An “invisible illness” can make asking for help harder than it already is.
When a person is sick but doesn’t “look” ill, it may be harder for other people to understand and empathize with how they’re feeling. This may lead someone to internalize their struggles and hesitate to ask for help when they need it. Two myasthenia gravis (MG) community members, Bryan* and Leah,* discuss their experiences living with an “invisible illness” as well as the strategies they use to ask for help confidently.
Need for Change
In 2014, Bryan began to notice changes at work. He felt muscle weakness when putting things on shelves and moving boxes, but he didn’t want to ask for help. He was reluctant to call attention to it, so he tried to ignore it.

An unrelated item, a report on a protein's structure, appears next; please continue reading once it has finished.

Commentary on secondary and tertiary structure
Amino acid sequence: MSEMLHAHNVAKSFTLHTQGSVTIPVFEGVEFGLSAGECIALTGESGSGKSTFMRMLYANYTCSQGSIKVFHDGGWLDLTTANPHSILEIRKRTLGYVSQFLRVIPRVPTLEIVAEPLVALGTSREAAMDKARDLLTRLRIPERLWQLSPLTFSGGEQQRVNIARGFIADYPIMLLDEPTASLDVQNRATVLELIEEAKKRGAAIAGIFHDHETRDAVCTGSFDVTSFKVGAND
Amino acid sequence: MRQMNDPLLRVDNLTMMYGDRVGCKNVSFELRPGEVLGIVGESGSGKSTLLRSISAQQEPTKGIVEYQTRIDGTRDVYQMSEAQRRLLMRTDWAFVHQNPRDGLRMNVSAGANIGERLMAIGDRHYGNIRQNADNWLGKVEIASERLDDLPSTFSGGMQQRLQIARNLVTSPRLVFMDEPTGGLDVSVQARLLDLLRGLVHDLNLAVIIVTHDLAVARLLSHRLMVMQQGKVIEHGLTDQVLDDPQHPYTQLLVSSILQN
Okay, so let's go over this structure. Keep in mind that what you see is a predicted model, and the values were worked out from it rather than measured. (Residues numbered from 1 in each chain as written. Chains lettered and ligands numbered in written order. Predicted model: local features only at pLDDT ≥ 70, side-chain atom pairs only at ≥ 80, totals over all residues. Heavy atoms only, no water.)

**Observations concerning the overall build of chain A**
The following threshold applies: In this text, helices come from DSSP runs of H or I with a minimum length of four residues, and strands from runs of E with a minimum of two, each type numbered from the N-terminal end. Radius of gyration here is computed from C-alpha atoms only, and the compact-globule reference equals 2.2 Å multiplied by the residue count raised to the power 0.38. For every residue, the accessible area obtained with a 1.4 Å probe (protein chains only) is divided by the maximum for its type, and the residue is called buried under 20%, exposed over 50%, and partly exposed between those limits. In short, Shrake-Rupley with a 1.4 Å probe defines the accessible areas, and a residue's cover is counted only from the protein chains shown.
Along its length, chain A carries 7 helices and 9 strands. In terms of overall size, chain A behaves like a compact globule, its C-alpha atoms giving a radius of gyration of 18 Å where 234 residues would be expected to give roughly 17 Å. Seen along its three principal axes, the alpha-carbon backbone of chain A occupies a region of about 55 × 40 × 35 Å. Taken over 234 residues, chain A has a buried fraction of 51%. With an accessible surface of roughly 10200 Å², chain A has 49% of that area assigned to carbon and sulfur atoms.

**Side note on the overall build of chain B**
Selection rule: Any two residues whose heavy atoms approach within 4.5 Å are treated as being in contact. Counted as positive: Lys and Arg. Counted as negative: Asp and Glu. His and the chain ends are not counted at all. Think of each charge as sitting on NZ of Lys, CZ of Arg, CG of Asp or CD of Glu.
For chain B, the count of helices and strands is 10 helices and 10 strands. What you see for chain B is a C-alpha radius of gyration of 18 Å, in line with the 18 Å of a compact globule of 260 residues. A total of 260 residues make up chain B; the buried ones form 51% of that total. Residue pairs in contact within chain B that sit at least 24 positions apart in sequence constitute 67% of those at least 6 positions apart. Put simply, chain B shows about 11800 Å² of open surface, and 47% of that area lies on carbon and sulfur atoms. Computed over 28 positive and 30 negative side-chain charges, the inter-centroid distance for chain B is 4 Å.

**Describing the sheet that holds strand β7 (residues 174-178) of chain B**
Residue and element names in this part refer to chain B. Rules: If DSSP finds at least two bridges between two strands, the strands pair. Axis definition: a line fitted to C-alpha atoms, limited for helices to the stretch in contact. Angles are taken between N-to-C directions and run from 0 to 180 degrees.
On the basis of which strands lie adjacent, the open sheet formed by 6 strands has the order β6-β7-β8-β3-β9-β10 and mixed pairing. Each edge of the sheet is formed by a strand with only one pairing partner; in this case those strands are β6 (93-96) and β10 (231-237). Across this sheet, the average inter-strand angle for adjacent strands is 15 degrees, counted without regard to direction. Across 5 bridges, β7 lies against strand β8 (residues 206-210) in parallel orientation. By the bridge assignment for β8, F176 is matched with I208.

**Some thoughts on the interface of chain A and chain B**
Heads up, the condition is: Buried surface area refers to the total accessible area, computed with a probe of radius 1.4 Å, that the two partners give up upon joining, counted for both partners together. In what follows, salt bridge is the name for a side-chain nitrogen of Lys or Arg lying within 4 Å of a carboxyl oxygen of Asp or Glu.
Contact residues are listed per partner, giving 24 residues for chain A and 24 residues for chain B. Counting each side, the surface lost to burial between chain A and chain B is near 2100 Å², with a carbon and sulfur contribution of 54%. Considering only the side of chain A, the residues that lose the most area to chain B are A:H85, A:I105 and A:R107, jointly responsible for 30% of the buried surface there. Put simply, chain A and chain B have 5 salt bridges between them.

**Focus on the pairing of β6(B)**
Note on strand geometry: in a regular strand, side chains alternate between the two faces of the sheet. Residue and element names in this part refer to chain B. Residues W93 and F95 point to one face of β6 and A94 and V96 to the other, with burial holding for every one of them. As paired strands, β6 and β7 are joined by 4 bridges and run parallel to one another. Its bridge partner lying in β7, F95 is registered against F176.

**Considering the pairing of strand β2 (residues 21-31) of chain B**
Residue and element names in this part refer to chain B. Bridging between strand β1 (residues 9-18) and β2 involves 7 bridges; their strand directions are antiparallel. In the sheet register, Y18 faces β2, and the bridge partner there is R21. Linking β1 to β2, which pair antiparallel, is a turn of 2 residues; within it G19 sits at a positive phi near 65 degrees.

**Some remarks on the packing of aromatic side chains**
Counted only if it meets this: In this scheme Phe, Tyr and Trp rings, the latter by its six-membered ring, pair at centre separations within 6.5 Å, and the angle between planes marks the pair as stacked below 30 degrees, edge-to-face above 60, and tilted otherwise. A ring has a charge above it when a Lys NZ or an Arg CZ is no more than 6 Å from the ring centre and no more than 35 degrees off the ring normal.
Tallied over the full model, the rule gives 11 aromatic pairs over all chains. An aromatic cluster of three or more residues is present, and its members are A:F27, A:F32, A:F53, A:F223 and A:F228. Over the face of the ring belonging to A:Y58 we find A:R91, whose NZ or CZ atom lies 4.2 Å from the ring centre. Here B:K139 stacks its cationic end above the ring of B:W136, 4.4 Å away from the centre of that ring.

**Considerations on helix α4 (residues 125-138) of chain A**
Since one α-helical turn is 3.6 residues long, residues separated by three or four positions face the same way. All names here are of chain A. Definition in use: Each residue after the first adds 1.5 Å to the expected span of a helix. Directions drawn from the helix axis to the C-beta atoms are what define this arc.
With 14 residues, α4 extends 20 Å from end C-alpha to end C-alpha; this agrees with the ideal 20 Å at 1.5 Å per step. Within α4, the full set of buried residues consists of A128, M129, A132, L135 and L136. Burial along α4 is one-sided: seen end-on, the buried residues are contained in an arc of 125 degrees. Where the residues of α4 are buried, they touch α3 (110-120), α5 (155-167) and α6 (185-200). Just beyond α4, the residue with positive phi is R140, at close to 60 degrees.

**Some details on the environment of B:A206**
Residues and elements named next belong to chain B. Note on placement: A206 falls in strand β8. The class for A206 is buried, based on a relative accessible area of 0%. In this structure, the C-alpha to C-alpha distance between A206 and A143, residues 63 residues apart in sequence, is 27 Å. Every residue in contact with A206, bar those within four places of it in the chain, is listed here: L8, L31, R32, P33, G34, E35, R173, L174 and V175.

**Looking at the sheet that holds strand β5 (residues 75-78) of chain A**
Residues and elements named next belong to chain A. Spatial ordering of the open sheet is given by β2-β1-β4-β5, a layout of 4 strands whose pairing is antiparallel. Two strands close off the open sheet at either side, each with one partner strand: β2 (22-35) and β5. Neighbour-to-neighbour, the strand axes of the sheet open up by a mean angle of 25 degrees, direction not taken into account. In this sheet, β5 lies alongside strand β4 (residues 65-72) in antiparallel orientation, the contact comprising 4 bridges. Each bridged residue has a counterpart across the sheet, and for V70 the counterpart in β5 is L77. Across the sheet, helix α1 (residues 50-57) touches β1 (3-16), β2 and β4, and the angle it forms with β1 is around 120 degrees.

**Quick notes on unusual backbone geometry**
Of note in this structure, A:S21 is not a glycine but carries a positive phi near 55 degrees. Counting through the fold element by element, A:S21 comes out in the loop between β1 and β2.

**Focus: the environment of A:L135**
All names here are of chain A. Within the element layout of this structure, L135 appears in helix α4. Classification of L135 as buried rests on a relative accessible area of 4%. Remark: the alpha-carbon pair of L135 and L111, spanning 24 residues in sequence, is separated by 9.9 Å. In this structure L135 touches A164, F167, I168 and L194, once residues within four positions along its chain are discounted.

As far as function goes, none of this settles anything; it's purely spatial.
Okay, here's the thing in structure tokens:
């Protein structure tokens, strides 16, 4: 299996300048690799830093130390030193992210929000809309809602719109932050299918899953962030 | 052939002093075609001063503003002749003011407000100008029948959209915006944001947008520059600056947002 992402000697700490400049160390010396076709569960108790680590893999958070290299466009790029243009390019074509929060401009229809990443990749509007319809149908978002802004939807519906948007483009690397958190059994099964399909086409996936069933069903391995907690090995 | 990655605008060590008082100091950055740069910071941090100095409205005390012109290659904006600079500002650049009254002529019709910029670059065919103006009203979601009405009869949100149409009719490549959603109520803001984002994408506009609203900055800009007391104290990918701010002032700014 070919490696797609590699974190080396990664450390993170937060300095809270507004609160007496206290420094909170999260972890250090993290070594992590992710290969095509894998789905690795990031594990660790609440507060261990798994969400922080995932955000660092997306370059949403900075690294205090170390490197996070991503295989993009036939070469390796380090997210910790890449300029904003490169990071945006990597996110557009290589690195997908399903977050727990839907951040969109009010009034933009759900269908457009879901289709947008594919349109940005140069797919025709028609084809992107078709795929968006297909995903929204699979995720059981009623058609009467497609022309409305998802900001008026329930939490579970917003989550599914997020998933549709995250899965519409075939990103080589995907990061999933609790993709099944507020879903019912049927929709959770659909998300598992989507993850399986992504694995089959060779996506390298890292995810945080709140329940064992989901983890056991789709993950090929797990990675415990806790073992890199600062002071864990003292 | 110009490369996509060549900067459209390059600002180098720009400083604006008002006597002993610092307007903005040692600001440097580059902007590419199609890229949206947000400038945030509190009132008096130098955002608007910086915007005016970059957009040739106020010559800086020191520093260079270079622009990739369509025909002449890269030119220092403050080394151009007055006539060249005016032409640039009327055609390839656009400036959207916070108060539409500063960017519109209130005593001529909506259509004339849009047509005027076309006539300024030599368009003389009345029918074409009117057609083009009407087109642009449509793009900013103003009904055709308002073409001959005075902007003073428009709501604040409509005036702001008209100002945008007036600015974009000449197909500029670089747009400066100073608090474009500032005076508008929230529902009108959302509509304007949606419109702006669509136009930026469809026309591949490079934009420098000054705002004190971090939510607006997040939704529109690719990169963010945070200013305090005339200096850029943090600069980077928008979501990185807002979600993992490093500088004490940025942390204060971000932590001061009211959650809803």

In 2017, he was diagnosed with myasthenia gravis and two years later, after his second crisis, he realized that he could no longer ignore symptoms or try to do everything himself. It wasn’t an easy decision for him to make, but he knew asking for help from his partner and mom was essential for his health and well-being.
“For me, the more energy I can conserve the less likely I’m going to be in that situation again,” said Bryan of his second crisis.
Katie Willard Virant is a psychotherapist living with a chronic illness who works with others in similar situations.
“There's a lot of shame around the idea of ‘I do need help,’” she said. “Also, there’s the anxiety about being different and being perceived as different.”
This is something Leah understands all too well. She was diagnosed with myasthenia gravis in April of 2015 and now runs a Spanish support group. She, too, says asking for help wasn’t always a conversation she wanted to have. “Being independent for so many years and now I’m on permanent disability has been very challenging,” she recalls. “So, it’s one day at a time...it’s an adjustment.”